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Elections will soon be a ceremony of the few

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Elections will soon be a ceremony of the few

March 29 th.

 

There are several schools of thought, the most infamous ones being: that leadership failed to mobilize their supporters and IEBC failed to effectively educate the potential voters. The role of the duo is acknowledged amid their resounding interests. Let us view electioneering from a social contract perspective (where the voters are the employers). Do employers need the counsel of prospective employees on which tools are required, when needed and how to acquire them?  Certainly not. IEBC is the referee or the hired recruiter but the ultimate decision rests with the electorate.

The above scenario where power rests with the people may be merely rhetoric if it is not appreciated by the authentic possessors. That is why despondently the interplay of all stakeholders is needed to trigger the threshold required in the process. The authentic possessors (the people) ought to tread carefully because ours is a representative democracy. In instances where only 100 people may duly rise up to their call of duty, then a majority or plurality required in a democracy will carry the day. 

Any Tom, Dick and Harry would possibly be tempted to speculate further and they have the privilege to do so. But here is why the problem is bigger than it seems. The target population is largely youth who by any gambles would be vigorously interested in being voters so as to exercise one of their fundamental democratic rights. Voting. Their perceived let-down to turn up speaks volumes on the disenfranchisement of wider society and the underlying circumstances.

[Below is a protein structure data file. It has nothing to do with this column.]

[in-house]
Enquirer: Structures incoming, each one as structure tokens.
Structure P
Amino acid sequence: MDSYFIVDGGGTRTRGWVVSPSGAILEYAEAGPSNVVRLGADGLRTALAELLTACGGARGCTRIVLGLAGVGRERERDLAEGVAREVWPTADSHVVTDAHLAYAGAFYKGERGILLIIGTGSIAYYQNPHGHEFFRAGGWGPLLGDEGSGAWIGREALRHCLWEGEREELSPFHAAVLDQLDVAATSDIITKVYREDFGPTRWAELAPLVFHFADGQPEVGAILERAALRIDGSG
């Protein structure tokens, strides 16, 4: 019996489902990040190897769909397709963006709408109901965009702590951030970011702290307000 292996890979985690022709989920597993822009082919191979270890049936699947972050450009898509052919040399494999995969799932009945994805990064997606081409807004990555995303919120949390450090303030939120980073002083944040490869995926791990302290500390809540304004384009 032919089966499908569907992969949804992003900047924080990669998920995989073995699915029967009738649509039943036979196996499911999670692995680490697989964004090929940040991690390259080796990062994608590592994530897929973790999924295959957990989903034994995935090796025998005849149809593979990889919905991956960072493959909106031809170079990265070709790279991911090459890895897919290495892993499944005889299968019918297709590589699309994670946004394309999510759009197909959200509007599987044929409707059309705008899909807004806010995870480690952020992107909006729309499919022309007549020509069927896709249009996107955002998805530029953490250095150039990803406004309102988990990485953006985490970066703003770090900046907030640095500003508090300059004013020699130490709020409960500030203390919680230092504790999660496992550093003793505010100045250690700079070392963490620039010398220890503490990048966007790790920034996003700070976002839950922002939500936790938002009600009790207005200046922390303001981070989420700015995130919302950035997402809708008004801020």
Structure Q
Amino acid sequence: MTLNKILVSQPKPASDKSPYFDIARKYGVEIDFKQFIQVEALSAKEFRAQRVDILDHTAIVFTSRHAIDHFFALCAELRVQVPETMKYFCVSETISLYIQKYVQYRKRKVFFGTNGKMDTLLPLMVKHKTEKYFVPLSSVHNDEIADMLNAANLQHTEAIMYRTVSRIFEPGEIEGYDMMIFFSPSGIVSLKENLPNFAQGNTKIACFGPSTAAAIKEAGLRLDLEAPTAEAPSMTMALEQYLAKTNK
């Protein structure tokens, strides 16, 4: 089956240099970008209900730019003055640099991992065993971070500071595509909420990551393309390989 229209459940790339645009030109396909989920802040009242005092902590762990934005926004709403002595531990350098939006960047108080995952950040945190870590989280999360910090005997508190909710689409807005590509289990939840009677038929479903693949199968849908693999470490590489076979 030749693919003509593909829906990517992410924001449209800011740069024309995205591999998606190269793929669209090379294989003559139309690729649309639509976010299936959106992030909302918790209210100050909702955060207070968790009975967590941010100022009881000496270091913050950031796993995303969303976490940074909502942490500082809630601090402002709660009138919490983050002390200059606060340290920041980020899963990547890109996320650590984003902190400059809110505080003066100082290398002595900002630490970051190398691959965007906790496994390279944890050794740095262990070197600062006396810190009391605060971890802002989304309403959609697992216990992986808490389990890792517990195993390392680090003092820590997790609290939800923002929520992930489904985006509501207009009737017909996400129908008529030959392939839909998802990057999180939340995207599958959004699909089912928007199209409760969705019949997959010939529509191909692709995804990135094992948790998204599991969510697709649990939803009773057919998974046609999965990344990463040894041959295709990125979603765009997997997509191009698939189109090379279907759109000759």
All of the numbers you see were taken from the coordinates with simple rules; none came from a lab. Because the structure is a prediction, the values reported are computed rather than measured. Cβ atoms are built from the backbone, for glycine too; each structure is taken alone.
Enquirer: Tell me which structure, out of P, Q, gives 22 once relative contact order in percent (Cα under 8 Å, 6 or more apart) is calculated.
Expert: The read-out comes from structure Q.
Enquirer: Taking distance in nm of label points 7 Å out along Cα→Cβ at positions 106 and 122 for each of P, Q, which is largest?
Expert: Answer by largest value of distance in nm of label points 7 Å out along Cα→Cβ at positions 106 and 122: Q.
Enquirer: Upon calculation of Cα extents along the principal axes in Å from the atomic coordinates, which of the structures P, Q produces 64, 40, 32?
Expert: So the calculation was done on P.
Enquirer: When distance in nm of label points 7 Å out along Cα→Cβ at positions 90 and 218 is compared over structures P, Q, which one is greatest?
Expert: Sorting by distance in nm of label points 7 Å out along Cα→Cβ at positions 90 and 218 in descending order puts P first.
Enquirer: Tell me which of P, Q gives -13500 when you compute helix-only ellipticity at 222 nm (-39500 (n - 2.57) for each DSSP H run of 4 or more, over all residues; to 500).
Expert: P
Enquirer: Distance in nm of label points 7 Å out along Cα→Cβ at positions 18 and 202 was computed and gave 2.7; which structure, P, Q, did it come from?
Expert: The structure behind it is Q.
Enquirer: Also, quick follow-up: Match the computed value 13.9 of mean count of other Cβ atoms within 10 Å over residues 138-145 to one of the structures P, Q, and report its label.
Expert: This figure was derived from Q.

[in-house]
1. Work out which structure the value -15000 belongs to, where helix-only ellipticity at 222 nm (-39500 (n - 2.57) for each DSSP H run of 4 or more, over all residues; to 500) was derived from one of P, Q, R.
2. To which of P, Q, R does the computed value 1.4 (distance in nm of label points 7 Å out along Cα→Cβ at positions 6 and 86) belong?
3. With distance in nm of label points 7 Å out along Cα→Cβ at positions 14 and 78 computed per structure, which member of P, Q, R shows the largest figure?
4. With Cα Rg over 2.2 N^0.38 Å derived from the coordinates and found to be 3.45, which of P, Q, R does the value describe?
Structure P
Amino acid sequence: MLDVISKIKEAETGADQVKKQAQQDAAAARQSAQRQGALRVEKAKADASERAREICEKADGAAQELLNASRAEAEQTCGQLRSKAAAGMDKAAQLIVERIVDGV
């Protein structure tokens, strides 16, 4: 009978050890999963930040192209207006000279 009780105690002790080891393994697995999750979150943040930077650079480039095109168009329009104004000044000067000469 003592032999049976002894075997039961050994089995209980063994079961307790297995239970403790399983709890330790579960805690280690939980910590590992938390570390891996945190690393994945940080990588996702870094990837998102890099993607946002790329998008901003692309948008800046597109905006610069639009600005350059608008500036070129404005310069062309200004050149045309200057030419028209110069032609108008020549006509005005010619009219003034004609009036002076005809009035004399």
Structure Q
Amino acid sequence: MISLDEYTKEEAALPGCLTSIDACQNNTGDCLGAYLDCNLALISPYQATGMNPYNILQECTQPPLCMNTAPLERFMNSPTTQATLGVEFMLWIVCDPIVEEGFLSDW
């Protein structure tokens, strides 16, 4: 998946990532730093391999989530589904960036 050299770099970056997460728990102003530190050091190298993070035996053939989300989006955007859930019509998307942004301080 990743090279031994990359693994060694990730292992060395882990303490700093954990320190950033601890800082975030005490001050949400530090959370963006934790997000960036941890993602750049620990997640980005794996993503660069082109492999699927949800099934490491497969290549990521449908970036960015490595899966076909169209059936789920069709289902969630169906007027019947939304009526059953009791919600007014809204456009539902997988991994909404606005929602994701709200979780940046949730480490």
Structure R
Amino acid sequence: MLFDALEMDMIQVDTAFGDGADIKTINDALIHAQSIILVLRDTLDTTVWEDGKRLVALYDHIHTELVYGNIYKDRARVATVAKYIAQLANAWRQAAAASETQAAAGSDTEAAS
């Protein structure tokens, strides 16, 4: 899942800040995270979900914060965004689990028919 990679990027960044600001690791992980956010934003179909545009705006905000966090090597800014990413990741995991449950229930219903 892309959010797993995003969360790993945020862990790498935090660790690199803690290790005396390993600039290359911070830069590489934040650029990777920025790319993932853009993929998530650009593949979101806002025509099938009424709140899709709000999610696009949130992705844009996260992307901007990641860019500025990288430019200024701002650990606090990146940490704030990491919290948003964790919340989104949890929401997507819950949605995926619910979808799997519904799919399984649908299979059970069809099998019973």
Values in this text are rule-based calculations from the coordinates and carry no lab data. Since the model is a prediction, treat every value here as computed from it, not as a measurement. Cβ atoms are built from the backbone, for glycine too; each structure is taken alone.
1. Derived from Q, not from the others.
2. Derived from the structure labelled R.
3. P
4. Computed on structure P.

With lingering doubt now based on the turnout, Kenyans are termed as political in nature. To introduce new voters into the electoral system would be the most exciting process. New leadership is always keen on this populace. This is especially owed to the view that they are likely to vote without the heavy garments of tribe and bribe.  Perhaps this is what our country needs. Folklore has it that the youth have drunk from the fountains of the past and supposedly unwilling to soil their hands, are merely afraid to cast the ballot. Some claim they can attribute no relationship in their electoral participation to practical realization of their dreams and general well-being.

In moral and political philosophy, there are legitimate expectations of the governed, in our case the electorate. By wider consensus their rights are to be protected by the leadership they elect. While we should reckon that merely failing to register does not necessarily interpret dissatisfaction with leadership.However, reading from the dismal voter turnout in the just concluded by-elections in Malindi and Kericho signals a worrying trend which we may want to curb. But let us not take comfort that this could also be attributed to factors like timing, logistics, awareness, ID cardsand so on in their low.

 

The only viable solution to adapt to increasingly low participation in the highly competitive electioneering process is investment in the people and institutions.  These must undergo a process of change. On the other hand, they need to be accompanied with the implementation of transformative   ideas in the context of good governance principles as enshrined in the Constitution. Far from it, elections will be a ceremony of the few. 

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